Yam and Azufrado Bean Hummus

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I’ve had a few pounds of locally grown Colorado beans in my freezer since last October, when I bought them at a fall farmer’s market from a Greeley family farm. As you may remember, dear reader, I was gearing up for my three week Eat Local Challenge back then, ecstatic to find local beans to round out my menus. They are a whitish yellow bean – termed “enola” by the growers. I had only seen local pinto beans for sale prior to that day (I bought a bag of them too,) but a little research told me that a Colorado man had brought back this bean from Mexico in the 1990’s, then after a few plantings went ahead and tried to patent it as “his own.” Enola is the name he gave it, though in the indigenous Mexican land where it was found, it is commonly called Azufrado, Mayocoba, or in Latin terminology Phaseolus vulgaris.

I’m more than happy to use the Latin American name, azufrado, and so, with a couple of garnet yams on hand, created a lovely hummus to share with you. I had it for breakfast today, and of course you may dip in with whatever you choose: warm bread or tortillas, crackers and chips, steamed broccoli or asparagus, even dates or dried apricots.

Be sure you squeeze lots of lemon juice over top, and scoop up fruity olive oil toasty sesame seed goodness with every bite.

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If azufrado beans aren’t grown around your area, please use pinto, cannelini, Great Northern, or the traditional chick pea in this easy and delicious recipe. You know I love using local. 🙂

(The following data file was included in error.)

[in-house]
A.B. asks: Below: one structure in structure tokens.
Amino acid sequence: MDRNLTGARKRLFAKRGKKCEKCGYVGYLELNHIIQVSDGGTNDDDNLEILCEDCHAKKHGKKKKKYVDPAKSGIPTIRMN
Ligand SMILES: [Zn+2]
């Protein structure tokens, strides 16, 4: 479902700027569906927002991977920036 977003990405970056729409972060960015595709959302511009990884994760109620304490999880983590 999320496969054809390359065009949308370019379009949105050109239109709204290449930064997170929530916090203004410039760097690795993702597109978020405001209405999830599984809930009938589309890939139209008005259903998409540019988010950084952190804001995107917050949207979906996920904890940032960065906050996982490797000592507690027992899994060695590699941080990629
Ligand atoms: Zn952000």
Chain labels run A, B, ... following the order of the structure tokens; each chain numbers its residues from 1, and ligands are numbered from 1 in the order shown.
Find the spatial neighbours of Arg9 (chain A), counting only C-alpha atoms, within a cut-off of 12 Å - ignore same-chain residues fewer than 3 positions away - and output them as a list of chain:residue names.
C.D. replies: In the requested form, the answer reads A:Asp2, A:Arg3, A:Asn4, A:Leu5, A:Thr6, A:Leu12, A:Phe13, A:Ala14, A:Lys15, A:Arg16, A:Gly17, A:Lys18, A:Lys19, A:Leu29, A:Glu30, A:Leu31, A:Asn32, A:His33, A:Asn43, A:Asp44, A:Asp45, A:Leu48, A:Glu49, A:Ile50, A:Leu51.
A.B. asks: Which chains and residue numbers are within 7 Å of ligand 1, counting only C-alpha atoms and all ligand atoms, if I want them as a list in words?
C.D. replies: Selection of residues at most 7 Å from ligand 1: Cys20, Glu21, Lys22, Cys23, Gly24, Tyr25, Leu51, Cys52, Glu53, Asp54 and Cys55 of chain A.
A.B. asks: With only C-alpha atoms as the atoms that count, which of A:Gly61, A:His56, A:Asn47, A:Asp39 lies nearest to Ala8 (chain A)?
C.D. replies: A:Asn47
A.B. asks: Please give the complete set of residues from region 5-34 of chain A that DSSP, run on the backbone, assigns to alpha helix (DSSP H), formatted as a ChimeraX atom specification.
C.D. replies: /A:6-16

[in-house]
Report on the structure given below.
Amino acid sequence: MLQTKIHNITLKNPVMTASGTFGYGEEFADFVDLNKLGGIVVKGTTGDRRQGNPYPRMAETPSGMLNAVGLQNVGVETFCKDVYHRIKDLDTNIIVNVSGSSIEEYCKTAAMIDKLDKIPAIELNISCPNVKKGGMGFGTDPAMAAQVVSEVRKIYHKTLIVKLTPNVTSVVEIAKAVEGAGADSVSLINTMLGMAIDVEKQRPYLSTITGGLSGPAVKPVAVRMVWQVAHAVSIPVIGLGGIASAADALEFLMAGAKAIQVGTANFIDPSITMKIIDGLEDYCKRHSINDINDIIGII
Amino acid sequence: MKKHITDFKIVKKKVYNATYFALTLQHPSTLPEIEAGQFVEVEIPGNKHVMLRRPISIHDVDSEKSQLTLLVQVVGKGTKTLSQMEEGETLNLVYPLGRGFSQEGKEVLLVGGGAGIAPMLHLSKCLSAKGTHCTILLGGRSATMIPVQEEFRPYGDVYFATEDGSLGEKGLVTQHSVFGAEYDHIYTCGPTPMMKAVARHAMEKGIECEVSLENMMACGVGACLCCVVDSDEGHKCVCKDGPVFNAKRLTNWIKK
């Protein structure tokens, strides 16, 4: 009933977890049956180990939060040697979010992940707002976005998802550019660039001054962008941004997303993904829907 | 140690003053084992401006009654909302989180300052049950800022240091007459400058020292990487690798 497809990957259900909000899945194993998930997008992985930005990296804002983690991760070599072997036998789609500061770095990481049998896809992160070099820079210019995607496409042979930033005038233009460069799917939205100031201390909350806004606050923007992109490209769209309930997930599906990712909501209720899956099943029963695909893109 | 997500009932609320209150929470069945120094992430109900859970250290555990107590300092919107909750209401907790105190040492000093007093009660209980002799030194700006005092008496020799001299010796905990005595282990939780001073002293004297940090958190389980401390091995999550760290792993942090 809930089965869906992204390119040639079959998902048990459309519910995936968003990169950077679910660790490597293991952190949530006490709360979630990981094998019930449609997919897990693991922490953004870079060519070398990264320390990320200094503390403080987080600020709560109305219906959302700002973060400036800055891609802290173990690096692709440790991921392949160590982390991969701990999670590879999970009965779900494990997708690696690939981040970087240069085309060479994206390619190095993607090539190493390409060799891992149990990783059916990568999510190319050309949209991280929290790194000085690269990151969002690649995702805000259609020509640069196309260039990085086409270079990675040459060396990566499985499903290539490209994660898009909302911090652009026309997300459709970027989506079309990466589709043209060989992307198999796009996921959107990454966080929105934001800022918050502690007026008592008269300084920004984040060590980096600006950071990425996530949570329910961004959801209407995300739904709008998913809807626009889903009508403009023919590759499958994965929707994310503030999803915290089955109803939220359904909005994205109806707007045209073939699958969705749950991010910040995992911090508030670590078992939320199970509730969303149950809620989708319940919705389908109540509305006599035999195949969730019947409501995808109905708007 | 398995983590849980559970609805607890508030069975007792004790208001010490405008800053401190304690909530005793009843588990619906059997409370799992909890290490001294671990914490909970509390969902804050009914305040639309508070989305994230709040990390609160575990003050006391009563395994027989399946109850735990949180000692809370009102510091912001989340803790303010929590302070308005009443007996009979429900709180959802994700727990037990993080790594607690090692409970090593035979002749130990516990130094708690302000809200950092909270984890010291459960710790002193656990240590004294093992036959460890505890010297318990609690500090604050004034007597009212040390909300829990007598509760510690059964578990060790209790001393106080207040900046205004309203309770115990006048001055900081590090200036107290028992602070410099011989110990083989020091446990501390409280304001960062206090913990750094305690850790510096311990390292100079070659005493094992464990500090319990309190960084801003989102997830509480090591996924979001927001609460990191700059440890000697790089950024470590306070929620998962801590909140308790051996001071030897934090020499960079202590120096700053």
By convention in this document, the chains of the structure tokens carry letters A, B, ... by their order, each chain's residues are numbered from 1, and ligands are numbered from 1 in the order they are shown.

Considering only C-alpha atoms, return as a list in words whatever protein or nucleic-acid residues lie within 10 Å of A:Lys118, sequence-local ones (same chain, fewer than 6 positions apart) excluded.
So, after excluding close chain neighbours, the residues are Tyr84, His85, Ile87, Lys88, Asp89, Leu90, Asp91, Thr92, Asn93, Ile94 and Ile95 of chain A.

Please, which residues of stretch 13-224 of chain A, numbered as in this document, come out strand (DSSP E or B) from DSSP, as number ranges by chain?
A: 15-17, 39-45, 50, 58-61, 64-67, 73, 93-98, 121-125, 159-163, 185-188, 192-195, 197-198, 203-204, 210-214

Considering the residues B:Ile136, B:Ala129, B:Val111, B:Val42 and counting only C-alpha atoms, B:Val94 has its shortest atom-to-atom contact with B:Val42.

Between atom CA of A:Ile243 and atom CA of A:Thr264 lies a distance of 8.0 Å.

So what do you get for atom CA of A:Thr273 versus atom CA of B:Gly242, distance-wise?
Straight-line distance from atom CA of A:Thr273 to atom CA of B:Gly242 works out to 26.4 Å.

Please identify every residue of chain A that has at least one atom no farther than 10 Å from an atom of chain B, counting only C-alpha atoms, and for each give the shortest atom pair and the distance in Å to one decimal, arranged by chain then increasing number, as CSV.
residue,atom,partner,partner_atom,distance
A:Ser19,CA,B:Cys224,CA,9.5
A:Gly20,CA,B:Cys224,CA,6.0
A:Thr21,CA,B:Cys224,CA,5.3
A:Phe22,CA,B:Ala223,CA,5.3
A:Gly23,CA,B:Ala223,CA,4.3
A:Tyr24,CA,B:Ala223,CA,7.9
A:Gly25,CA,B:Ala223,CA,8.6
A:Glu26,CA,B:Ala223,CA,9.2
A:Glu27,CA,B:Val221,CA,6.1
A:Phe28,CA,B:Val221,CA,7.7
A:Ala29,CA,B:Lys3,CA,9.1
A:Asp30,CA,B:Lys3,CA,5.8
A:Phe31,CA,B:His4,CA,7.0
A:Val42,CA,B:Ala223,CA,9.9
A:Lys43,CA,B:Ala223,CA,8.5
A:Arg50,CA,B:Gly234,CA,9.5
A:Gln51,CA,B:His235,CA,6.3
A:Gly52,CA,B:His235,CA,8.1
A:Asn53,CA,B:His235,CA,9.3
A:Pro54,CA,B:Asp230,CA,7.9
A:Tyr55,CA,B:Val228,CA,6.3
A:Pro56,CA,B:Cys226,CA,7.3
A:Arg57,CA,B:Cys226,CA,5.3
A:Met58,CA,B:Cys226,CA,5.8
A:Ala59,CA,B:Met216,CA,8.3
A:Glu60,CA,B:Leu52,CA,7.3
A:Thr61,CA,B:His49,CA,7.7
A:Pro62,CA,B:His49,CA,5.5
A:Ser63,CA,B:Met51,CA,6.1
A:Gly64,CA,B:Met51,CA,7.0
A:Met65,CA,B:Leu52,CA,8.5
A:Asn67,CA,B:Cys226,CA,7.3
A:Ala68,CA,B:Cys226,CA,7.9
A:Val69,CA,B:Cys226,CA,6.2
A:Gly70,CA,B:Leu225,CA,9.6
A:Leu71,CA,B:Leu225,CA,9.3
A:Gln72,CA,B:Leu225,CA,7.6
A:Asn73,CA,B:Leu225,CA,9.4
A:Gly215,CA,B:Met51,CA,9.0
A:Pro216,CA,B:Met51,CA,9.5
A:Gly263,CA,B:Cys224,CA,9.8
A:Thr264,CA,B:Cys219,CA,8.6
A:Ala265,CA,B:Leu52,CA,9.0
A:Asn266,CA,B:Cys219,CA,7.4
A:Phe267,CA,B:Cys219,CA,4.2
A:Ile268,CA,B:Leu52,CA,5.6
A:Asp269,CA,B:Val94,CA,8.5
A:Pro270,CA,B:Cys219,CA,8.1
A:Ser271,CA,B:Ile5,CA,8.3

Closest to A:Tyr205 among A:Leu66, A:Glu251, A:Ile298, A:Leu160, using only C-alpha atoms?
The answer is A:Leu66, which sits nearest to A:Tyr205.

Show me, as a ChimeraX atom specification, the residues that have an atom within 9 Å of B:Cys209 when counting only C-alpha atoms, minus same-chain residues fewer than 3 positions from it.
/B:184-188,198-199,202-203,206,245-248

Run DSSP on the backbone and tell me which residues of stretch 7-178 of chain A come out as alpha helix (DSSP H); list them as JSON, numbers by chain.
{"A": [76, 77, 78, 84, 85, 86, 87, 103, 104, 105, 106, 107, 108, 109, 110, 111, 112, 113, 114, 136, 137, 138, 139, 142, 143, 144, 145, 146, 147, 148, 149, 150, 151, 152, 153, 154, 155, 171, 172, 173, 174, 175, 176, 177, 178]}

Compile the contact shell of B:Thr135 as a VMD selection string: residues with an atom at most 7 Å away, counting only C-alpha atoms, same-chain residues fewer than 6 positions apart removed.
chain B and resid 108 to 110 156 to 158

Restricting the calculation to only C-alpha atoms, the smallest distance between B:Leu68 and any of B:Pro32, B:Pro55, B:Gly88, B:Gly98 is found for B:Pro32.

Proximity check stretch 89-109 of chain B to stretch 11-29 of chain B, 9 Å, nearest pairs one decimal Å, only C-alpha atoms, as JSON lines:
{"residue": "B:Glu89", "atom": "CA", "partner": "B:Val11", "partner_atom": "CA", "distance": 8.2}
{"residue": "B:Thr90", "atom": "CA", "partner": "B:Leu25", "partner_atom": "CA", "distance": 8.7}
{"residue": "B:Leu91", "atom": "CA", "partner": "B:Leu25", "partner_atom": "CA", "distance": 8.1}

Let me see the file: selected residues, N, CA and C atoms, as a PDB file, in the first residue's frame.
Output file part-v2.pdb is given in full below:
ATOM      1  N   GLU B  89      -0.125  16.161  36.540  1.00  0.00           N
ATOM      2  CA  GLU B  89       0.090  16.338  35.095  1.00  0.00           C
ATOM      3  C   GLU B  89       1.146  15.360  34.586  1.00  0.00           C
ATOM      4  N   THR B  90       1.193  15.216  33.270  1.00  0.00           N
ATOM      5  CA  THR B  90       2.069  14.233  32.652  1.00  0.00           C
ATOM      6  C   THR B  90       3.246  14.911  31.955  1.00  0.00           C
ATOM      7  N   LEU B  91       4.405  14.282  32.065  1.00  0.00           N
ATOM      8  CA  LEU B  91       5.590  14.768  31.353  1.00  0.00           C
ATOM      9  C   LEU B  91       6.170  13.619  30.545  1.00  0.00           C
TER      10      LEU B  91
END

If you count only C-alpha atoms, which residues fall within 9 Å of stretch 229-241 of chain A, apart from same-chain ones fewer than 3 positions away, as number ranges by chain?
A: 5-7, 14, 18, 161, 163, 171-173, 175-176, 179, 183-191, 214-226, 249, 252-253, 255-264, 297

Yam and Azufrado Bean Hummus

Serve this tasty dish warm for extra goodness – the perfect hand made dip, side dish or spread. Adjust flavorings with your whims: for a little heat, consider a spoonful of pureed chipotle peppers in adobo, or a pinch of chipotle powder. Add chopped chives, cilantro, or lemongrass. Stir in a bit of tahini or almond butter. Or sub pureed pumpkin for the yams….. Makes about 4 cups.

  • 2 medium sized garnet yams, peeled and chopped
  • 1 1/2 to 2 c. soft cooked beans of your choice
  • 2-3 tablespoons organic butter
  • 3-4 large cloves roast garlic
  • Himalayan pink salt, or your favorite, to taste
  • freshly ground pepper, to taste
  • 2-3 tablespoons sesame seeds, toasted until they begin to pop
  • extra virgin olive oil
  • fresh lemon wedges

Boil chopped yams until tender in a large pot of water. Thoroughly drain. In bowl of food processor, puree yams and beans, along with butter, garlic, salt and pepper. Taste and adjust seasonings as you desire.

Mound hummus on a plate or in bowl, create swirls with the back of a spoon, then drizzle olive oil and sprinkle sesame seeds as you wish. Garnish with lemon wedges, arrange dippers, and serve.

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Then revel in the fact it is April 23rd and snowing, raining, while the new seeds sprouting in the garden rejoice! (Photos from yesterday :))

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Blessings to all beings, to Mother Earth/Pachamama, to YOU…

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